Human Resource Management Practices on Employee Job Satisfaction Study of Kenya Airways Nairobi City County Kenya
Susan, Obonyo Wanjiku
MetadataShow full item record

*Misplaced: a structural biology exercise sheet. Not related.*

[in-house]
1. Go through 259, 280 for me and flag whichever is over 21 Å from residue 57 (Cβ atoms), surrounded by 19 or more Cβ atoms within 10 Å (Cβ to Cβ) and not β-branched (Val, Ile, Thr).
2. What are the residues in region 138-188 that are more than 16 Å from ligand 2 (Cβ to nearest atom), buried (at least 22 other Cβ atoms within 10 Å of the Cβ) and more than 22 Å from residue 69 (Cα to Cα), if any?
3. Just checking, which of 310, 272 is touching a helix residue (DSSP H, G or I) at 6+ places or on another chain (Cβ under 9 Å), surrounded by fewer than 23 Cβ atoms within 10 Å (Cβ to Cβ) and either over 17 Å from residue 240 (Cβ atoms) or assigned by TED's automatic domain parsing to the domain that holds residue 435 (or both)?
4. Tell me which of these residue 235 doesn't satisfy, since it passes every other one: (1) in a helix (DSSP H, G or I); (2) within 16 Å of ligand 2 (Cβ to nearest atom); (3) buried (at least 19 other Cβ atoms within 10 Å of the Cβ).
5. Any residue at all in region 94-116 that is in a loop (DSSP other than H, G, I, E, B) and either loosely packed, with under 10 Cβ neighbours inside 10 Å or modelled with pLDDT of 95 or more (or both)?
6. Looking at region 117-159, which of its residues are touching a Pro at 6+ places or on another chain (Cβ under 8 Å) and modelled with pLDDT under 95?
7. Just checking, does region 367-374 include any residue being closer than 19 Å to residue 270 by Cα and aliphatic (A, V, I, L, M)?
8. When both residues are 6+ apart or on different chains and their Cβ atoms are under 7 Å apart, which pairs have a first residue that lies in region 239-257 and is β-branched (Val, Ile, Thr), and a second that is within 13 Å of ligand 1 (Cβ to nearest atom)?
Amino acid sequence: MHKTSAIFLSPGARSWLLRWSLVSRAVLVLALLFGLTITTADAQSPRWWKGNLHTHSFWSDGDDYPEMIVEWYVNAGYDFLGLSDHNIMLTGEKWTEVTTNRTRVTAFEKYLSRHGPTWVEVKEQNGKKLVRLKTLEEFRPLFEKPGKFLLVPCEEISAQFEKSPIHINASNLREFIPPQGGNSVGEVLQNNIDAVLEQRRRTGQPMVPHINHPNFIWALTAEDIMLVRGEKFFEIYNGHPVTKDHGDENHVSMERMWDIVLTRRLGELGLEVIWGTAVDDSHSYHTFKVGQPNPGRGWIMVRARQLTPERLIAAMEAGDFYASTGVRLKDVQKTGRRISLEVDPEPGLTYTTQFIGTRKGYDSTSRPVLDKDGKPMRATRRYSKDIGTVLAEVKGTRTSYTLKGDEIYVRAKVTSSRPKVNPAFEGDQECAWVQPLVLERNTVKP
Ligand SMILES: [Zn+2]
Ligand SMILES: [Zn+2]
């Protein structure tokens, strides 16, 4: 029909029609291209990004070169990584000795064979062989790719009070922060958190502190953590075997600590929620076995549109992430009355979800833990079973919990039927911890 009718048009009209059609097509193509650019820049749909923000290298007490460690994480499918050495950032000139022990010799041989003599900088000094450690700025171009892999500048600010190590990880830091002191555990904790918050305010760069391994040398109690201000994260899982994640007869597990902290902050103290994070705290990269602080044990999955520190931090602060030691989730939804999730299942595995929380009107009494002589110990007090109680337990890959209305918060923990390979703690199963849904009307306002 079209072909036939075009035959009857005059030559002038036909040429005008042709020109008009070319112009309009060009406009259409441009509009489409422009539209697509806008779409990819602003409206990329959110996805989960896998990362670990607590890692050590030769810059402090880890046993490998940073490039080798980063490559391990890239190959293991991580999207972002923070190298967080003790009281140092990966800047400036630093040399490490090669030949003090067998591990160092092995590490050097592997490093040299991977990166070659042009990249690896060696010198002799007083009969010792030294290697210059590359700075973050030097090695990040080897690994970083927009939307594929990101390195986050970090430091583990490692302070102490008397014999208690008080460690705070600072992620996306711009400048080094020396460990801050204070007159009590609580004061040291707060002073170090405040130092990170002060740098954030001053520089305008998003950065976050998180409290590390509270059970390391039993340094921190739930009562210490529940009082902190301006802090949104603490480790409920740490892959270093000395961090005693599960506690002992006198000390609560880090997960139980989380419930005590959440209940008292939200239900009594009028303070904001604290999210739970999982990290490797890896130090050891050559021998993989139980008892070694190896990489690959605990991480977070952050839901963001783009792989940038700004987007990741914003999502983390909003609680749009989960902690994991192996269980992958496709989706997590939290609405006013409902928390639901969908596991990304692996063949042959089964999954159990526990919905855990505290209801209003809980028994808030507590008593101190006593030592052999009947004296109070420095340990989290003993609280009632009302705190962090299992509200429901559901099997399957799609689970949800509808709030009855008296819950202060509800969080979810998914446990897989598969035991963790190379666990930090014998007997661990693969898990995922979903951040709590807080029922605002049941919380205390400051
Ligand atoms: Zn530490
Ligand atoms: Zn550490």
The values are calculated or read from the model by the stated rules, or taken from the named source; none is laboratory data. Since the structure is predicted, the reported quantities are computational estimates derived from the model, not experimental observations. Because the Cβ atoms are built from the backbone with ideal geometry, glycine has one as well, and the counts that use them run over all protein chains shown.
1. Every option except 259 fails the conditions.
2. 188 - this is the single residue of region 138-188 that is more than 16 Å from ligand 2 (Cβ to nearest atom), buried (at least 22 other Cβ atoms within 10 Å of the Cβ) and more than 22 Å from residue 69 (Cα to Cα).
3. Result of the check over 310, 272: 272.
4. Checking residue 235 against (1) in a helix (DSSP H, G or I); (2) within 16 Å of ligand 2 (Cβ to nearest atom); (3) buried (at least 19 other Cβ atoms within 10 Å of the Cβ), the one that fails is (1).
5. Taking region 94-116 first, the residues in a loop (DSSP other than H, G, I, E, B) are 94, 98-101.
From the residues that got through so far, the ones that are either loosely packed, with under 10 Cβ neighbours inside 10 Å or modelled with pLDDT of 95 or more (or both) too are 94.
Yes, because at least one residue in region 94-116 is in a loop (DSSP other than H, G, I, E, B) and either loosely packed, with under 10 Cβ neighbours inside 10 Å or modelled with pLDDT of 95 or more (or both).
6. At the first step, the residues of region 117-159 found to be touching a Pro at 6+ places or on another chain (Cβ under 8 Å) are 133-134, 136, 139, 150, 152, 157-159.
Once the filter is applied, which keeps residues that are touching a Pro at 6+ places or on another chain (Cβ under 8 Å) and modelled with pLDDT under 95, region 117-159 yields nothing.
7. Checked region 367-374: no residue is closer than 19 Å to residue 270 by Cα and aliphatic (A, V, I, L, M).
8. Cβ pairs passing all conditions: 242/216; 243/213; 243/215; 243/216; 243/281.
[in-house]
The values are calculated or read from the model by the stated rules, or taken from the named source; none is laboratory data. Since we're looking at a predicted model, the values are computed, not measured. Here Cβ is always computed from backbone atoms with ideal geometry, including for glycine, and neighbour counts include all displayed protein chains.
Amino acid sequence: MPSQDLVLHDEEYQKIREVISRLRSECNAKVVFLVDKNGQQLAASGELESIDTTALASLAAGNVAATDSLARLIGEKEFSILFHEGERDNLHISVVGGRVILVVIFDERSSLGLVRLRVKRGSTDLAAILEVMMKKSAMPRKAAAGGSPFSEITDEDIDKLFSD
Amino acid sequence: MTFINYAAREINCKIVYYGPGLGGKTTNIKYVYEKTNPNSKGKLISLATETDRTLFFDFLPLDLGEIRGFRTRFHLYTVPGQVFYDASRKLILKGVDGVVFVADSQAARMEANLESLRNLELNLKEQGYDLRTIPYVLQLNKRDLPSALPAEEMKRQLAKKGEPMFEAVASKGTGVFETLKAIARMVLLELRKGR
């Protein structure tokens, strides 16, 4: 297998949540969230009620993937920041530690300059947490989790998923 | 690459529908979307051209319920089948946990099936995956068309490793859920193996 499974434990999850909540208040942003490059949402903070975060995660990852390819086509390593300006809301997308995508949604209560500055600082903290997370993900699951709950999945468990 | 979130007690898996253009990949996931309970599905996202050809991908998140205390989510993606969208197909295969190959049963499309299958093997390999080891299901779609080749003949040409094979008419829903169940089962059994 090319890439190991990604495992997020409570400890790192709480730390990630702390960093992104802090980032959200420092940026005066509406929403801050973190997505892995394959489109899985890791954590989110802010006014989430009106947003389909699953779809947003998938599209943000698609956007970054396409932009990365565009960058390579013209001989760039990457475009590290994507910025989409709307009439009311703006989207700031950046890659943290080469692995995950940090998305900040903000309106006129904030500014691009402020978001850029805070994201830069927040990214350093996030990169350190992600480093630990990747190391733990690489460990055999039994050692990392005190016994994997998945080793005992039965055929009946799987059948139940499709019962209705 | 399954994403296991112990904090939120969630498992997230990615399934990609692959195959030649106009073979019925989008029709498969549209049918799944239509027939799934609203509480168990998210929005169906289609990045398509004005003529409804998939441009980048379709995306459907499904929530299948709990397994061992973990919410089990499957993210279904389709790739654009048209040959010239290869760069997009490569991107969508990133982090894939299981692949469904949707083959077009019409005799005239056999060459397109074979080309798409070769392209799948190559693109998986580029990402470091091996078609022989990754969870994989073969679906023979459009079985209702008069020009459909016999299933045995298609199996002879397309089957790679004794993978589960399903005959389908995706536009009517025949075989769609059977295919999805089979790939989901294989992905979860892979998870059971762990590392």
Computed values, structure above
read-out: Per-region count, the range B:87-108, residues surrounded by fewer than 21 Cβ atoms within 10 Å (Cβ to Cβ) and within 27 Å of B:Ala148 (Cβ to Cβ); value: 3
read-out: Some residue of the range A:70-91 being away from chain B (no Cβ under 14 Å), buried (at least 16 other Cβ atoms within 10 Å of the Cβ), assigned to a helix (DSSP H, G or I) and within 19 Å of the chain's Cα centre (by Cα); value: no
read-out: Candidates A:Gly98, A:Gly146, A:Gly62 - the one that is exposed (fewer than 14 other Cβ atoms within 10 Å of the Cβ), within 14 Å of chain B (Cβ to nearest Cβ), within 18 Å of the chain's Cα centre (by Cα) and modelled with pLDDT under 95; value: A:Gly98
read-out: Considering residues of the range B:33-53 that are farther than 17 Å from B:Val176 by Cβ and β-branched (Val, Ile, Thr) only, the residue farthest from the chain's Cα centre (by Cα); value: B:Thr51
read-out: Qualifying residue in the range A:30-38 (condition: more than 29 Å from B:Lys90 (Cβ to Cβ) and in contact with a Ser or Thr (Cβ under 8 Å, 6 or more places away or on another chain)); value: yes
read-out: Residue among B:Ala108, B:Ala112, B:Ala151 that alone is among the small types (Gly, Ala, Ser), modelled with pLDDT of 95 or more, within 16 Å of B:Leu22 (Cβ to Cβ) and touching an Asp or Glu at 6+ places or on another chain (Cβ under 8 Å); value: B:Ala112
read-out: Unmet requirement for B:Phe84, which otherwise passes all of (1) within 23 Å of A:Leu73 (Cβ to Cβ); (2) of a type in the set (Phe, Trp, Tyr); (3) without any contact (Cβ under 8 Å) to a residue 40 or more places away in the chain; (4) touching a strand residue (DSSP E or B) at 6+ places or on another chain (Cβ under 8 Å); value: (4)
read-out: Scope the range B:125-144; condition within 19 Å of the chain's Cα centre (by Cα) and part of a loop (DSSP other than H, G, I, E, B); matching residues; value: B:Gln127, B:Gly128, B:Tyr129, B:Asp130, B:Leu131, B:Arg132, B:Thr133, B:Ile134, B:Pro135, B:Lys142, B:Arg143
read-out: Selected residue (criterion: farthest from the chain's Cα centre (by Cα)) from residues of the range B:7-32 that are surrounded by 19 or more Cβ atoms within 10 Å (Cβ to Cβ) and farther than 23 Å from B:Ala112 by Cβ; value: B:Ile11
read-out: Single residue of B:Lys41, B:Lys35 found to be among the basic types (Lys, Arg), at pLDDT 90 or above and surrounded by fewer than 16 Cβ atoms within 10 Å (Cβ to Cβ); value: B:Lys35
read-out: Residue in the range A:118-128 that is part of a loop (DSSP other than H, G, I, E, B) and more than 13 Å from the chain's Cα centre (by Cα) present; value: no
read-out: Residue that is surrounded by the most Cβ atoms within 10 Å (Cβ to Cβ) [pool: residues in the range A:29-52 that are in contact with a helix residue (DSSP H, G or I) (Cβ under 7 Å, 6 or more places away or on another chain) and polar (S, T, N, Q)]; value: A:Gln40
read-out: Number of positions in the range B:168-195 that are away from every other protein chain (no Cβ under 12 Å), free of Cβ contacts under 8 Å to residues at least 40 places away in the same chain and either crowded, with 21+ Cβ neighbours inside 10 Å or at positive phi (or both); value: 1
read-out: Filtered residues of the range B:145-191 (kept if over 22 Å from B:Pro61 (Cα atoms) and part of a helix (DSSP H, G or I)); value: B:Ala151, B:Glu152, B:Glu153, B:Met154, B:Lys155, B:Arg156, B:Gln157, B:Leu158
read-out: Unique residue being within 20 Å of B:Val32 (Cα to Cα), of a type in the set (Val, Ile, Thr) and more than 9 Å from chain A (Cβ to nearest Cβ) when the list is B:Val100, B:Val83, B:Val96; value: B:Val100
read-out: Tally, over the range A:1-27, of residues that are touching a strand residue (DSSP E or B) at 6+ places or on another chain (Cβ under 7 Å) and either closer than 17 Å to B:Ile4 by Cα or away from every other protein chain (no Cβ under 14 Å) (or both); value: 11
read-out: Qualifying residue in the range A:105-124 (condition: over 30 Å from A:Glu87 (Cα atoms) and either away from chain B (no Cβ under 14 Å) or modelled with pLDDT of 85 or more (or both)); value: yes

The human resource department plays a vital role in assuring that the employees are satisfied with the job that they do every day. Research has shown that satisfied workers are more productive and committed to their teams. You find, employees who are dissatisfied with their work are associated with low productivity and increased turnover. Recently, Kenya Airways have faced numerous challenges resulting from a reduced rate of productivity for their workers and high turnover for its technical staff as a result of an increased level of dissatisfaction ensuing from poor pay, slow career progression, and hiring of expatriates. The main objective of this study was to investigate the effects of human resource management practices on employee job satisfaction at Kenya Airways in Nairobi County, Kenya. Specifically, the research determines the effects of recruitment, training, and rewards practices on employee job satisfaction. This study was anchored on four theories that include Abraham Maslow‟s hierarchy of needs theory, Expectancy theory, Resource-Based Theory, and Human capital theory. The study used descriptive research design to gather data on different subjects based on the research problem. Kenya Airways has 1501 staff; hence the study focused on a sample size of 150 employees from flight operations, HR, finance, operations, and commercial departments representing 10% of the workers‟ population. The research collected both primary and secondary data to ensure that adequate data were gathered for analysis. A pilot study was carried on the instruments for collecting data to ensure the vital components of the main study are feasible. The testing of the instrument was carried out to guarantee reliability and validity. Additionally, the study adopted Crobanch‟s Alpha to measure reliability and validity. Multiple regression analysis was achieved using SPSS to determine the association of the variables used in the study. The findings showed the correlation analysis to determine the connection linking training practices was positive and significantly correlated to job satisfaction (r = 0.742, ρ<0.05) showing that training practices had a positive correlation with job satisfaction. The correlation study to determine the relationship between reward practices was positively correlated with job satisfaction (r = 0.751, ρ<0.05) Showing that reward practices had a positive correlation with job satisfaction. The correlation study to determine the link between recruitment practices was positively and significantly correlated to job satisfaction (r =-0.520, ρ<0.05). Based on the findings of this study, training practices was established as the second most factor that affects job satisfaction. It had a positive and significant affinity with job satisfaction in KQ with a beta value of (β1 = 0.703). Reward was identified as the most significant variable that affect job satisfaction with a beta value of (β2 = 0.847). The study findings also showed that recruitment practice was the least significant variable of the study in affecting job satisfaction with a beta value of (β3 = 0.597). Looking at the p values of all the three variables, they had (p < 0.05).